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what's defined as income. and so income can be defined as net of investment. and i think if you did that, you'd get 90% of the way there. so that's how i would deal with it. it's a much more consistent way of thinking about the tax structure. i think it would be better for the economy. >> and you think we can get to what? 20% corporate? or what about getting rid of deductions, is that doable with both houses of congress? >> you know, look. this is always a problem. i spent a year working on tax reform before i was actually in the white house. and there are so many sacred cows that whenever you propose a tax reform plan, you just run into opposition all over the place. the way to do it, i think, is to do it quickly, to do it in a way that most people see as being pro-growth, and also pro-labor in the sense that additional investment and capital is going to raise worker productivity and
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raise wages. you have to bite the bullet and do it. i hope with speaker of the house and the senate majority leader coupled with the presidency all thinking relatively similarly in terms of the way they want to reform the tax plan, we could actually get something done right now. >> okay. ed lazear, thanks. appreciate it. that's a nice shot. is that live behind you? no? >> i'm not saying. >> okay. >> no. >> it is early. >> but it is early. it's the night shot at least. they have a daytime shot too. >> yeah, we do. but that is what it looks like out here. that's accurate. >> yeah. >> all right. thank you. >> i don't know how they get work done at stanford. it's so nice. coming up, the competitive edge ceos and policy makers in
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washington today. senator jerry moran will join us live from that conference next. is it becausso many go after it the same way? chasing after short term returns. inead if getting caught up with the crowd, the investment managers at pgim take a long term view, teaming specialized active investing thwith rk-management rorat pgim take a long term view, to sk out obal opportunities. we manage over a trillion dollars this w, attracting manof the worls leading investors. rtner with pgim. the global investment management businesses of prudential we're drowning in information. where,n all of thi is the stuff that matters? the stakes are so high, is the styour finances,rs? uruture. is thhodo you sve t ts?rs? you don't. you rtner with a firm that advisegovements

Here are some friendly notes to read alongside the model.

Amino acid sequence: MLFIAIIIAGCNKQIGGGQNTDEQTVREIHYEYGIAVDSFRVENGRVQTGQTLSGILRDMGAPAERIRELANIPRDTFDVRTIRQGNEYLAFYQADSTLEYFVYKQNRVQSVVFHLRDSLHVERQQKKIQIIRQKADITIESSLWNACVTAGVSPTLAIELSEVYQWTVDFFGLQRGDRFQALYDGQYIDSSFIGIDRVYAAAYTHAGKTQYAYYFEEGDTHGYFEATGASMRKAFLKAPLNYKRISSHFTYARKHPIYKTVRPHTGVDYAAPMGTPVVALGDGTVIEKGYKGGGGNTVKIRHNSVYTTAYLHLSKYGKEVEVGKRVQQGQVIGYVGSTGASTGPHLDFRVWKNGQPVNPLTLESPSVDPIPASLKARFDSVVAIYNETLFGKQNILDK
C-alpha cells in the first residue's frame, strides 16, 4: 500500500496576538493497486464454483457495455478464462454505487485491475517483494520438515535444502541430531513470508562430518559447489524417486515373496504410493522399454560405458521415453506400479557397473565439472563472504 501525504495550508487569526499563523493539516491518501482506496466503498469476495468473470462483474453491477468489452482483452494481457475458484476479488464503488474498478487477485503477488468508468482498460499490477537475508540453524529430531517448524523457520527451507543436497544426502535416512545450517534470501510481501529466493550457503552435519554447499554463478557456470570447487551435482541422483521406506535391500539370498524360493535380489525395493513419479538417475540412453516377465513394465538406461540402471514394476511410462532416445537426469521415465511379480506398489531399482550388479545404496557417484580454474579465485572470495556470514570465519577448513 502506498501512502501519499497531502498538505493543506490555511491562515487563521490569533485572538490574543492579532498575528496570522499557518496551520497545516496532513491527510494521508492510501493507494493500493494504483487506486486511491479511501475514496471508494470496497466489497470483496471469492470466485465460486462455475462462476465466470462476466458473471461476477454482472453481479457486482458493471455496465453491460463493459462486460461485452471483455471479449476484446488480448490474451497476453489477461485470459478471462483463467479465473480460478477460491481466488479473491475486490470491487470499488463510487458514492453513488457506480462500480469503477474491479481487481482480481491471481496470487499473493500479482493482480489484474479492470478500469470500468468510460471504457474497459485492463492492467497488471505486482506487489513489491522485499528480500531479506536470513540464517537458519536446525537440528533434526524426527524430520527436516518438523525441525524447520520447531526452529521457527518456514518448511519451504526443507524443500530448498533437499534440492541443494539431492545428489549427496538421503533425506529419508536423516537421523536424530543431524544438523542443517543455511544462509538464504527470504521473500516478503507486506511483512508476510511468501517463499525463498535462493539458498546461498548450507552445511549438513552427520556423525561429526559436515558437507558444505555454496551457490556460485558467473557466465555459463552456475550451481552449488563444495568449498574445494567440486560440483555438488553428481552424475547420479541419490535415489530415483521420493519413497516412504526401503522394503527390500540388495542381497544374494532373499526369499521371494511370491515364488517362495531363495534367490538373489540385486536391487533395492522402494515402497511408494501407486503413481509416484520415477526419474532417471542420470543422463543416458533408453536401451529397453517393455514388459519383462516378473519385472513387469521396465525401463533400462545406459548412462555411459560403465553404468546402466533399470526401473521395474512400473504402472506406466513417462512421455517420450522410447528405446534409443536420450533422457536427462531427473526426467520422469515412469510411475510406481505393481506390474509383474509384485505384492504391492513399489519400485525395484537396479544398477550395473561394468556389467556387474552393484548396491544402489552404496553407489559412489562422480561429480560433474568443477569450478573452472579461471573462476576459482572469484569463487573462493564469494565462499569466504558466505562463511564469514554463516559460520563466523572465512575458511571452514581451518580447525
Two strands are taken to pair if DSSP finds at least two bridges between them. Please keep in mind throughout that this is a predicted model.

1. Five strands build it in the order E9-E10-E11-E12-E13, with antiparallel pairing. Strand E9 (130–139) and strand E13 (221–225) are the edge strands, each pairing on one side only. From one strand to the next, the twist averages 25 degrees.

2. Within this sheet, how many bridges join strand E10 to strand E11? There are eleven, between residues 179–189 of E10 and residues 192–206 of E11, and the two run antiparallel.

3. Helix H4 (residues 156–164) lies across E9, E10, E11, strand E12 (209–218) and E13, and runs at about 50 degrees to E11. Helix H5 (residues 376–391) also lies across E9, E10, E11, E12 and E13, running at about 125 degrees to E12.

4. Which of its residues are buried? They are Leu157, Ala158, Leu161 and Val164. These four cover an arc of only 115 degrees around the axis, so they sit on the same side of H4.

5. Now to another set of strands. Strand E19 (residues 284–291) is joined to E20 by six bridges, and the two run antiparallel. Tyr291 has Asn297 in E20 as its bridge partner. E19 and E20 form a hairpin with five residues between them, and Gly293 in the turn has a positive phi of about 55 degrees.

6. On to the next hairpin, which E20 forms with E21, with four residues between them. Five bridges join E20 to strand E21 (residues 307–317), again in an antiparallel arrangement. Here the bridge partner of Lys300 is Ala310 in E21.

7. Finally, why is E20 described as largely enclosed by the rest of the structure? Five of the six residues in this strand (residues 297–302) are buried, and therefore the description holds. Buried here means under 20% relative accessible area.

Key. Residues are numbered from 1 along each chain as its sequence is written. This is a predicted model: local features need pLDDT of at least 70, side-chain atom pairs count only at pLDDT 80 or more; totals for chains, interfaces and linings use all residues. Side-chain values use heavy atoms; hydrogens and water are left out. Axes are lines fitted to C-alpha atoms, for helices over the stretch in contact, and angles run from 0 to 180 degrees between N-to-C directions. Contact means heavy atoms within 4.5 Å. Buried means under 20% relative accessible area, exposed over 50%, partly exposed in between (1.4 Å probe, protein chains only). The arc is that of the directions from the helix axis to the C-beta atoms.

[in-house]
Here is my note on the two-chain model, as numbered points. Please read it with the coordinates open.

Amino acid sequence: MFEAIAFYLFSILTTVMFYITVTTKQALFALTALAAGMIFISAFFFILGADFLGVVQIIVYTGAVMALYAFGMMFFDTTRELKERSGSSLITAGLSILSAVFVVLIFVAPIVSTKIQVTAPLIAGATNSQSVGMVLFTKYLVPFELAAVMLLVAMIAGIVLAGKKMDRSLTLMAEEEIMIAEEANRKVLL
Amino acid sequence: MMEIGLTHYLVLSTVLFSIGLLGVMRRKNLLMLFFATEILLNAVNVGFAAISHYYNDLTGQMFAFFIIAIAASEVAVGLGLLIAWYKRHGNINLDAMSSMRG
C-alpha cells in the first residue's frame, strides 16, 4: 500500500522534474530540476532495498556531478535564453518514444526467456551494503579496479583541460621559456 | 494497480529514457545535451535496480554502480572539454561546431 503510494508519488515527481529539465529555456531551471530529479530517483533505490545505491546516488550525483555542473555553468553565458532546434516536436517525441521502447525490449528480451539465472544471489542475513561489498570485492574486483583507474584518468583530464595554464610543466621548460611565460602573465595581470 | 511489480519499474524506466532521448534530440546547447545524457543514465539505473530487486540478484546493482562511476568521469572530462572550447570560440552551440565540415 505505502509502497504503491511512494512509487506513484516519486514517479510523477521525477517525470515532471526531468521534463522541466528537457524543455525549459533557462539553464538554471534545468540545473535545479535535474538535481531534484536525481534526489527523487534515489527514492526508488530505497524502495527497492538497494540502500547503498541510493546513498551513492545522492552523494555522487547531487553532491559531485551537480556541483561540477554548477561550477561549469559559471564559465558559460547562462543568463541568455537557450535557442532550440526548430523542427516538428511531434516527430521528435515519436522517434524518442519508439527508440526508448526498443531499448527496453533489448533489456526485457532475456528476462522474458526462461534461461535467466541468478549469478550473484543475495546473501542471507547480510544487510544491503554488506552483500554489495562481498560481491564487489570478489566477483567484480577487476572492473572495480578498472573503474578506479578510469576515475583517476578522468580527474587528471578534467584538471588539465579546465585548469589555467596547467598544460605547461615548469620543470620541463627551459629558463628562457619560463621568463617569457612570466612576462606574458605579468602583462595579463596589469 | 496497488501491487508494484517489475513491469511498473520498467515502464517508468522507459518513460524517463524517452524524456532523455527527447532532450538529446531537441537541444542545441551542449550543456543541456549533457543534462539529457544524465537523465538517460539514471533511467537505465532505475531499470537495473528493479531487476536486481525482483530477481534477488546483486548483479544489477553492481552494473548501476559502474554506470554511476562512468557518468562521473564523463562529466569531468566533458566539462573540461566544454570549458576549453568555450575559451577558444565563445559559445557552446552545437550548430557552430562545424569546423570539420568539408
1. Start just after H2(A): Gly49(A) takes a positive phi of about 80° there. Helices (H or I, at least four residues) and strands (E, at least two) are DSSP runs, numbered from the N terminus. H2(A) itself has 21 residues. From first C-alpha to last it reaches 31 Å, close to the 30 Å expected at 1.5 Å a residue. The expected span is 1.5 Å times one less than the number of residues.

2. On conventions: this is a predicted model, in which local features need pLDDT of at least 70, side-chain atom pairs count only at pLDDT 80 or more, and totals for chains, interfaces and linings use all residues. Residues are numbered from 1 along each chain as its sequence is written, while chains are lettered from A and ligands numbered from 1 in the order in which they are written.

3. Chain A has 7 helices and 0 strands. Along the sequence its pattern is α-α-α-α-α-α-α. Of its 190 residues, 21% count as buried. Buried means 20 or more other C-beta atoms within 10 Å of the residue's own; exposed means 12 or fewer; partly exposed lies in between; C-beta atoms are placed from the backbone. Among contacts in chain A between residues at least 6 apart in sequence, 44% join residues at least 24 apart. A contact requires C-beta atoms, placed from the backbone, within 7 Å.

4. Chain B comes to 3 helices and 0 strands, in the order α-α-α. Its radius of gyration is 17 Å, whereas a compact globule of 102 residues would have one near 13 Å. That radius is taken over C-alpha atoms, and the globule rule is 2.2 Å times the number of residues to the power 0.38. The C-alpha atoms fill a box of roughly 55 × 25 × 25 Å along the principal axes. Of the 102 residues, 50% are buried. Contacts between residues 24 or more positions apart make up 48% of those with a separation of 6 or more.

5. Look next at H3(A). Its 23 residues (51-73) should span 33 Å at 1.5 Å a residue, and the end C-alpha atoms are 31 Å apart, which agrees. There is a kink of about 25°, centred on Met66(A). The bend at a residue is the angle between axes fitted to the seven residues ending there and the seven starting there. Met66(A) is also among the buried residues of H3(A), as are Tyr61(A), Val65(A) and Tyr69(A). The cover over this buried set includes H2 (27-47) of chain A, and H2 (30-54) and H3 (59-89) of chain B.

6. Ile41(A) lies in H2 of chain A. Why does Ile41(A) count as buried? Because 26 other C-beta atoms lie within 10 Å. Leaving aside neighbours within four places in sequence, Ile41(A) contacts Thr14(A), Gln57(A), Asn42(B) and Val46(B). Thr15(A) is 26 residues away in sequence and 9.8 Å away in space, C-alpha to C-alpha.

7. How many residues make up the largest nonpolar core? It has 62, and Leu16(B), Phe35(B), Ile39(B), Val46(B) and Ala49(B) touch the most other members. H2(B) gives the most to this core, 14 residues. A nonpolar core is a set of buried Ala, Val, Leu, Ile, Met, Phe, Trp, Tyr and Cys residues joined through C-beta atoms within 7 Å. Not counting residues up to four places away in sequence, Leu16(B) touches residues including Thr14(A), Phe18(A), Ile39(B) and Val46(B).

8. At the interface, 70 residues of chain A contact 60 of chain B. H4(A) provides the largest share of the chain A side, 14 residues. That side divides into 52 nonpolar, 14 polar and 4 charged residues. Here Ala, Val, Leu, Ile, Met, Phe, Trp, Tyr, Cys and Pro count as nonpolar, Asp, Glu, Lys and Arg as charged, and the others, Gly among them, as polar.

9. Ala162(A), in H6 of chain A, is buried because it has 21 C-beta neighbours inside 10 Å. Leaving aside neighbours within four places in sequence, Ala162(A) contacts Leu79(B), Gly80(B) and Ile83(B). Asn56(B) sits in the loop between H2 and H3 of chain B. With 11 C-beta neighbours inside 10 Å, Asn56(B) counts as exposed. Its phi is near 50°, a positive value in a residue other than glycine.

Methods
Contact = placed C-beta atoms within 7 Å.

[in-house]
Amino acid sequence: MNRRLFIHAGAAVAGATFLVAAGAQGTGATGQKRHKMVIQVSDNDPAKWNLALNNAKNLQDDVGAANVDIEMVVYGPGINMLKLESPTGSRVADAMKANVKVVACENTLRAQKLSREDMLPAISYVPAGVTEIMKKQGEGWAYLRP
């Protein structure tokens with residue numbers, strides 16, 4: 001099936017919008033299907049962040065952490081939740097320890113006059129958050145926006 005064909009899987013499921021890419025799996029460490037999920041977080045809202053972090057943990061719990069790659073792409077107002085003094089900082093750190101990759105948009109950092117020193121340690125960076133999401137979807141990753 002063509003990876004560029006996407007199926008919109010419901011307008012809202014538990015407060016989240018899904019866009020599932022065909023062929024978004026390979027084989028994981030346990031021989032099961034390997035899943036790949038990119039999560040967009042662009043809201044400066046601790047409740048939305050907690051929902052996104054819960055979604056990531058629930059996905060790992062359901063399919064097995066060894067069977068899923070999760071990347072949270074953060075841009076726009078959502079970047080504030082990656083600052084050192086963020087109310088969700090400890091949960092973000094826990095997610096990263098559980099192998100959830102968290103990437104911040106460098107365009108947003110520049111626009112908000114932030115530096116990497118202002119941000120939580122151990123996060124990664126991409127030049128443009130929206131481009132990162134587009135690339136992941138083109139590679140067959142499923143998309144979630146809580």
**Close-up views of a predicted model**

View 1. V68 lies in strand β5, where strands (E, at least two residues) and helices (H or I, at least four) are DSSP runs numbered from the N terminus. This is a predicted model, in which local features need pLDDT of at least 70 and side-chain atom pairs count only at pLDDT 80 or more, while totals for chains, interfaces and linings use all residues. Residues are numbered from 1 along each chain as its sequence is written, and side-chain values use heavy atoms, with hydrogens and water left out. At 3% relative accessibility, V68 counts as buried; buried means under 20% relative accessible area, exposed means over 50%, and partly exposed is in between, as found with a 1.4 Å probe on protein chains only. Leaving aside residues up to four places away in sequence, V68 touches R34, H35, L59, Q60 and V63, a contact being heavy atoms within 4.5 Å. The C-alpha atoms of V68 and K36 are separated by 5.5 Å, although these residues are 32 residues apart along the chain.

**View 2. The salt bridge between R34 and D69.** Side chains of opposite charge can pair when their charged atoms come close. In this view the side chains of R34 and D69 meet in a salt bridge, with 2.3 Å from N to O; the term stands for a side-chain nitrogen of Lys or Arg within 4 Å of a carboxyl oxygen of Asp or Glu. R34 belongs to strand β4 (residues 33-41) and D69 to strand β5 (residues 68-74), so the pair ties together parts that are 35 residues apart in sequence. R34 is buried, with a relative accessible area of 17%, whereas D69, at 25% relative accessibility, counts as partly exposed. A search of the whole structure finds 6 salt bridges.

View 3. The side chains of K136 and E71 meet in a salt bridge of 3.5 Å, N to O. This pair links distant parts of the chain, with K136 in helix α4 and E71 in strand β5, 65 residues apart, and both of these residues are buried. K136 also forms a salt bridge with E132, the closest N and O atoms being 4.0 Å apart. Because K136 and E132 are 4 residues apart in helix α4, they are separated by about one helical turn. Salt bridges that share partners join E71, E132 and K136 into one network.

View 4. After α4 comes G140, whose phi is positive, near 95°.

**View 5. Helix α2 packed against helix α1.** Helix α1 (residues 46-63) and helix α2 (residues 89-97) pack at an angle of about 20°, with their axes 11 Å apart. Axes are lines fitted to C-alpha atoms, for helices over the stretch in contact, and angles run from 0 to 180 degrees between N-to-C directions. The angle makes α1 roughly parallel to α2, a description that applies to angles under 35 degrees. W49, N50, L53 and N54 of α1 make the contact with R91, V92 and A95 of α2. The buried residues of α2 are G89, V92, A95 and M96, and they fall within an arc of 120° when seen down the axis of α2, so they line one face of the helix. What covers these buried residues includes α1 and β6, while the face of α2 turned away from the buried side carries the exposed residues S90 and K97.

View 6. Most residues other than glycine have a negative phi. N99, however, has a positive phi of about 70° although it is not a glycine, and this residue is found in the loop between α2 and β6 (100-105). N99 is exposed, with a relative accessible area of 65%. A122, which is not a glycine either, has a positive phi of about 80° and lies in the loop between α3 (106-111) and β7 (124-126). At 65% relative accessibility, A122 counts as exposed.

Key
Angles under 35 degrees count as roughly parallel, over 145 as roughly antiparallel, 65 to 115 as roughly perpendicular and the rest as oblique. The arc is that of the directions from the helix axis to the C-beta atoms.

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welcome back to "squawk box." ceos and policy makers are gathering this morning in washington at the national competitiveness forum to focus on jobs, manufacturing, and the u.s. economy. joins now is senator jerry moran, cochair of the
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partnership with the u.s. council on competitiveness, the host of today's forum. good morning. >> good morning. >> i'll just throw it out there. what are you planning to tell these folks today? >> well, i think the topic obviously is competitiveness. and we all -- most of us grew up in america wanting to be competitive. but the reason that we need to be competitive today, we need to be competitive in our economy, is because the word jobs and what competitiveness is about is keeping jobs in the united states, growing the number of jobs available to americans, getting better jobs for americans, good job security, higher paying jobs, and creating an opportunity for us to live the american dream. so competitiveness sounds like something we all are for, but the reason we're for it is we're pursuing the american dream. >> let me ask you about tax reform under a president trump. one thing they're talking about is lowering our rate but also about repatriating capital to
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the united states. that has long been seen as a potential to create more jobs in this country. but one of the questions we've asked over the last couple of days of ceos who joined us is if you can repatriate all this cash, what would you do with it? we talked to the ceo of stryker this morning, the coo of cisco two days ago. most of them do not talk about hiring more people, creating r&d centers, things like that. they talk about buybacks, dividends, and perhaps some mergers and acquisitions. how do you think about that then? >> well, i mean, you have to take the longer view which is that if our companies are in the right form, the format, the structure, it means they can better compete in a global economy and therefore create new jobs. my view is that job creation follows. but of course, what you really do want to see is in the investment by businesses in increasing their technology, their hiring to invest in this